As dealers navigate a downturn in dealership profits, one thing remains abundantly clear: The buy-sell market remains remarkably active. For the first half of 2023, an estimated 270 dealerships changed hands. If the current pace continues, 2023 will turn out to be the third-most-active year for transactions and more than 50% higher than a typical year before the pandemic. What are the compelling reasons behind the continued interest in buying and selling dealerships? Pete Thiel, managing director at Haig Partners, provides insights. Thiel has been involved in the purchase or sale of more than 150 dealerships and has evaluated more than 1,000 acquisition opportunities. His background includes more than 20 years at AutoNation, where he served as vice president of corporate development, leading all acquisitions and divestitures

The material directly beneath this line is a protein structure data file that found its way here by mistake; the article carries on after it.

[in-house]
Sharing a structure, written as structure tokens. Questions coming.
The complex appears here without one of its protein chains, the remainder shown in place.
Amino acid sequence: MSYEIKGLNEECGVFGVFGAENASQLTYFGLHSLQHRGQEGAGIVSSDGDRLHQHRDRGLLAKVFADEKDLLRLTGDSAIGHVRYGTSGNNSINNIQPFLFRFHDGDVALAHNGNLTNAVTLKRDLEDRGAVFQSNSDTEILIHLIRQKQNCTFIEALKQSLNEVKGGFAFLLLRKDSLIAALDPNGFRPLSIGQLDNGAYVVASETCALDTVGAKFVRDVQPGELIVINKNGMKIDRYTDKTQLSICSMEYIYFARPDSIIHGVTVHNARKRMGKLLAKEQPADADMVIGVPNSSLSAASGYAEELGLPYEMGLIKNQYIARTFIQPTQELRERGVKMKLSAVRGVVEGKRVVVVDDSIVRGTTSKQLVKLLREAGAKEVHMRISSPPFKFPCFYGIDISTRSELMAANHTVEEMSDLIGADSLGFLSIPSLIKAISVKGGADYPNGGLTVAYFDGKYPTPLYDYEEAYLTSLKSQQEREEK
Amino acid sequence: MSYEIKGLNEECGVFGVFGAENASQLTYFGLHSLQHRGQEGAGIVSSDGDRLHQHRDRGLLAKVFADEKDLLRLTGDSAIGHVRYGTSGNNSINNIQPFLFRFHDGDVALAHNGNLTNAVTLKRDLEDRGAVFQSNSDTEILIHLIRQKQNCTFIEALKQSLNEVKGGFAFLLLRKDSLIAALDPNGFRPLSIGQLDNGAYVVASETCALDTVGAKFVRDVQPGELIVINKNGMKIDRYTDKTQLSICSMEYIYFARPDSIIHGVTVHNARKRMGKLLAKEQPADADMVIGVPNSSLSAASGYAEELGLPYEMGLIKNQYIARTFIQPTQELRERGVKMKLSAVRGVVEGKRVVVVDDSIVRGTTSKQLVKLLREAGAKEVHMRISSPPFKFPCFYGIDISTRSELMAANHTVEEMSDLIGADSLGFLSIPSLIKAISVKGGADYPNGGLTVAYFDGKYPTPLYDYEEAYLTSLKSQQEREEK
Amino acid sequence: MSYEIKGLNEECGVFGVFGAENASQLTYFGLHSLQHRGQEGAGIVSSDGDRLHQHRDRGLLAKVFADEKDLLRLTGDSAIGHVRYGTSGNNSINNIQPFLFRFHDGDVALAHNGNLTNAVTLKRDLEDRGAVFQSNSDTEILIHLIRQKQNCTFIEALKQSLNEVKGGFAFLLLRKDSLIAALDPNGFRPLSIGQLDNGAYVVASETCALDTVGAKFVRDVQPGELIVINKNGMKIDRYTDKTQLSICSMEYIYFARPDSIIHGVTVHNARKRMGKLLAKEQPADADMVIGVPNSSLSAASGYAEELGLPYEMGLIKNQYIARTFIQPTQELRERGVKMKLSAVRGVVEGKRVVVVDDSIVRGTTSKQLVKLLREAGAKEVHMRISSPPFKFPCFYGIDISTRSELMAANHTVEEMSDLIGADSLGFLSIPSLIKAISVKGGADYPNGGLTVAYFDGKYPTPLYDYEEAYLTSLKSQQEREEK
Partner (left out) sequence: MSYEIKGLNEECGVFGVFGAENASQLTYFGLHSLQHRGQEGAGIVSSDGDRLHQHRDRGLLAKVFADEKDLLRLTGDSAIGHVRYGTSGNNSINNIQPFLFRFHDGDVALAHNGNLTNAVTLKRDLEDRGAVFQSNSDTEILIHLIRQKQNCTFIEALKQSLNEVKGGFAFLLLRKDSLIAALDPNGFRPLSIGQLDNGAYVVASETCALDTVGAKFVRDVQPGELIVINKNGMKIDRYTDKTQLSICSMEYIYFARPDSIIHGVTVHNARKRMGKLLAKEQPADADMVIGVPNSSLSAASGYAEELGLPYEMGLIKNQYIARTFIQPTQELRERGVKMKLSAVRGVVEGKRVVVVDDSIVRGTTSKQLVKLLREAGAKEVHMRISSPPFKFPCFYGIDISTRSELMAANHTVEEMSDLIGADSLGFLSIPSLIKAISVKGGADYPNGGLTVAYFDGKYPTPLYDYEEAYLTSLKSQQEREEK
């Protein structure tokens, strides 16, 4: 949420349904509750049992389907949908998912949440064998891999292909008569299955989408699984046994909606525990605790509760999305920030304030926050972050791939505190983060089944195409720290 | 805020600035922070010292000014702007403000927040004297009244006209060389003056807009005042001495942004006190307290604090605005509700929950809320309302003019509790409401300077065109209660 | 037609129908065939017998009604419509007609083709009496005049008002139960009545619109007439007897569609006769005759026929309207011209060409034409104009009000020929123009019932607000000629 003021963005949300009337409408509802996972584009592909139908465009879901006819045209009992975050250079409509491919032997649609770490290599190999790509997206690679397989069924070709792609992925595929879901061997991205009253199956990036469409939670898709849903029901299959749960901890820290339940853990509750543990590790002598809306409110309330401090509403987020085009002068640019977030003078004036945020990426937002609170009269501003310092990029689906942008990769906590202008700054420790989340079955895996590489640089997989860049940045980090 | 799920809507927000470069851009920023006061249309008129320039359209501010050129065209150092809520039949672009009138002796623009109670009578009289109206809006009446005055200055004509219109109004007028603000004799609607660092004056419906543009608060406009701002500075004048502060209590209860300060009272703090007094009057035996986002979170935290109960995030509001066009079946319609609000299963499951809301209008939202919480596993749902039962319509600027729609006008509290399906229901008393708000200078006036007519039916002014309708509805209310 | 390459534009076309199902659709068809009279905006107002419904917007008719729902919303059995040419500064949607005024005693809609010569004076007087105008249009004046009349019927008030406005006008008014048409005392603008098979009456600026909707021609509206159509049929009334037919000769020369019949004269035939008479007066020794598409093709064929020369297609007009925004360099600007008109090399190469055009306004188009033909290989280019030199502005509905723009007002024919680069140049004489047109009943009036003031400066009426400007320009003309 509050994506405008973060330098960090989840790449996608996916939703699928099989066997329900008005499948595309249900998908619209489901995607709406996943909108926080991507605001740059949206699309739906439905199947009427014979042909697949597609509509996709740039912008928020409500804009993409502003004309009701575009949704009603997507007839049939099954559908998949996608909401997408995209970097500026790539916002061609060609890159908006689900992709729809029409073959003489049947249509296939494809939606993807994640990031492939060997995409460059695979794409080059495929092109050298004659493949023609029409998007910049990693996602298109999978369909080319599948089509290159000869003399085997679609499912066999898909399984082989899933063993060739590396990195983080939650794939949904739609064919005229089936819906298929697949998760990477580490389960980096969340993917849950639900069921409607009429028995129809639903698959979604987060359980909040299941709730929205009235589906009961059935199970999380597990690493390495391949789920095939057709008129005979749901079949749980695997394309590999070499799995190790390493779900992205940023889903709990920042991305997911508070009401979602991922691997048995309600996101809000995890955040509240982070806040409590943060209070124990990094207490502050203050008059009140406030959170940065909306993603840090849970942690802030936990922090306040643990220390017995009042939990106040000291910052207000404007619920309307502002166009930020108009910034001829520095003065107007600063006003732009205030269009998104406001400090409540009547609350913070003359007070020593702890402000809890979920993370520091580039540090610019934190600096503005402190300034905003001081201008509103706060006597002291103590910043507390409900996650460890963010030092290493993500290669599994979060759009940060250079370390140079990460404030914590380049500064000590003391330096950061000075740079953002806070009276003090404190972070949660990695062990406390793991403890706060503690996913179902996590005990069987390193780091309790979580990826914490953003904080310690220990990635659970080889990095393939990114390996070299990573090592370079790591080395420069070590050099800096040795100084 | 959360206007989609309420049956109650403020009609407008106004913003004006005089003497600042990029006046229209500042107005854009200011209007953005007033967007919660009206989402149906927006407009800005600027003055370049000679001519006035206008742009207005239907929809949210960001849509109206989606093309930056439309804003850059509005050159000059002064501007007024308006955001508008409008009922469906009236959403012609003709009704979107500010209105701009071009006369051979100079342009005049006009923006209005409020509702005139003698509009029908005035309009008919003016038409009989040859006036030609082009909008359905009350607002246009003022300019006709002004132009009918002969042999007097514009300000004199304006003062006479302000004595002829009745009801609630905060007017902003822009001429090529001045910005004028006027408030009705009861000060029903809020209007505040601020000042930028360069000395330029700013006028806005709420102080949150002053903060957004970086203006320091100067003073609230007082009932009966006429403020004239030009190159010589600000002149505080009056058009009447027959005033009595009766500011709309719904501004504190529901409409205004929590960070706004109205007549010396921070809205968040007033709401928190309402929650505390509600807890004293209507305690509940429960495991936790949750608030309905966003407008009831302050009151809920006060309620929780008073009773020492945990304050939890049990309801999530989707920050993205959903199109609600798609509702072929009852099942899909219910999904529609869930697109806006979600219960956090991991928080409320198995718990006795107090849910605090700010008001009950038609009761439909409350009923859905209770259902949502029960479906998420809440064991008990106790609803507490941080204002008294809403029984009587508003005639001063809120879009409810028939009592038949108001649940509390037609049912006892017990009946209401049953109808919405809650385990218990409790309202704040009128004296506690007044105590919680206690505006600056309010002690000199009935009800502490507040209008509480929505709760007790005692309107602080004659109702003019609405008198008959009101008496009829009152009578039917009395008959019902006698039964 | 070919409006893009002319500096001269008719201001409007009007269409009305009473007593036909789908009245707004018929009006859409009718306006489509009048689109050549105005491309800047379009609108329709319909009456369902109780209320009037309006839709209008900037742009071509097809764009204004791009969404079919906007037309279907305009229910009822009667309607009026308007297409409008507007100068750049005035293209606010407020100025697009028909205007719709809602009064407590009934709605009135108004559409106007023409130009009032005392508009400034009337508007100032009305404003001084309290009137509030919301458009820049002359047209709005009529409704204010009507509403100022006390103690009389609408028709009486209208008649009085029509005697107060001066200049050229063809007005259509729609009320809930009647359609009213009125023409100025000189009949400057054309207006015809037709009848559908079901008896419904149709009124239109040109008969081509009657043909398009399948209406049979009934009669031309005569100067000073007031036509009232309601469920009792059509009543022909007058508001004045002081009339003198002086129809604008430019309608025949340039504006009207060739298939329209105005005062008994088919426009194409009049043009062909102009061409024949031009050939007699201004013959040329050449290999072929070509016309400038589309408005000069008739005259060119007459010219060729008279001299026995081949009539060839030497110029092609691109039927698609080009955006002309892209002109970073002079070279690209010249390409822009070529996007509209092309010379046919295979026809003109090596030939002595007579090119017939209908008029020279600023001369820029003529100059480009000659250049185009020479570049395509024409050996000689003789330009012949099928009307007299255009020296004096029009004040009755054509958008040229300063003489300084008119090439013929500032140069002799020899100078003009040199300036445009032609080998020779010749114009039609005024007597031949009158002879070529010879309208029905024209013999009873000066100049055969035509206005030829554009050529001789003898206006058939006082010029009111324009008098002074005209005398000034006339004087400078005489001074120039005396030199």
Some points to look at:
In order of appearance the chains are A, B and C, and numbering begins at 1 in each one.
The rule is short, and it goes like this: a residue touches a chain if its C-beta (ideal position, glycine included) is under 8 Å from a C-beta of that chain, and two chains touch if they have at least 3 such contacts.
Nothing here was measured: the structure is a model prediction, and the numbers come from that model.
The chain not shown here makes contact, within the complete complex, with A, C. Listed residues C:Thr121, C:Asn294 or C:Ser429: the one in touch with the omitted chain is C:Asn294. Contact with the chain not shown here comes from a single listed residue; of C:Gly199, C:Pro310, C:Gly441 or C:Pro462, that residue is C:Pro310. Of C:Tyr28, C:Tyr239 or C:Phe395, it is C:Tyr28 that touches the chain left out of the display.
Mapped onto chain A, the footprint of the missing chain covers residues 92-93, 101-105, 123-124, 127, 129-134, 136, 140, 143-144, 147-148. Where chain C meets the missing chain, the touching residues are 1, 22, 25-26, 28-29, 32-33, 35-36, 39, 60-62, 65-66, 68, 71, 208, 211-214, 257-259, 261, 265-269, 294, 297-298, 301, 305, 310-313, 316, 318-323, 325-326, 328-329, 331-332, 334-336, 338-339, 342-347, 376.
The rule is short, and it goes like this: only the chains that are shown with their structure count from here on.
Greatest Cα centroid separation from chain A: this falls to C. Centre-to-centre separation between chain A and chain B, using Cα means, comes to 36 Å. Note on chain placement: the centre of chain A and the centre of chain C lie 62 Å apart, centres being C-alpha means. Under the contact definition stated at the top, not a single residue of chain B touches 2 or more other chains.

BUY-SELL Q&A: Value of Buying vs. Benefit of Selling Dealerships Today
Q: What is driving the vibrant buy-sell market we are currently experiencing?
Pete Thiel: The market moves in cycles. During the recession back in 2008- 2009, transactions slowed to almost zero because buyers were nervous about the future, and sellers didn’t want to sell at a low price. We have seen a remarkable increase in post-pandemic dealership profits – more than three times higher – primarily due to the supply/demand imbalance on new vehicles as supply chain disruptions dramatically reduced dealership inventories. As profits tripled, blue-sky values doubled, as most buyers assumed that profits would decline when COVID dissipated. Many sellers took advantage of the higher values, so the number of transactions exploded. For reference, more than 700 transactions occurred in 2021 and more than 600 in 2022. The environment has been good for both buyers and sellers, and it takes two motivated parties to complete a transaction. Buyers have had plenty of cash and optimism about the future. Sellers have obtained record prices.
Q: Are there any headwinds in the industry that could slow buy-sell activity?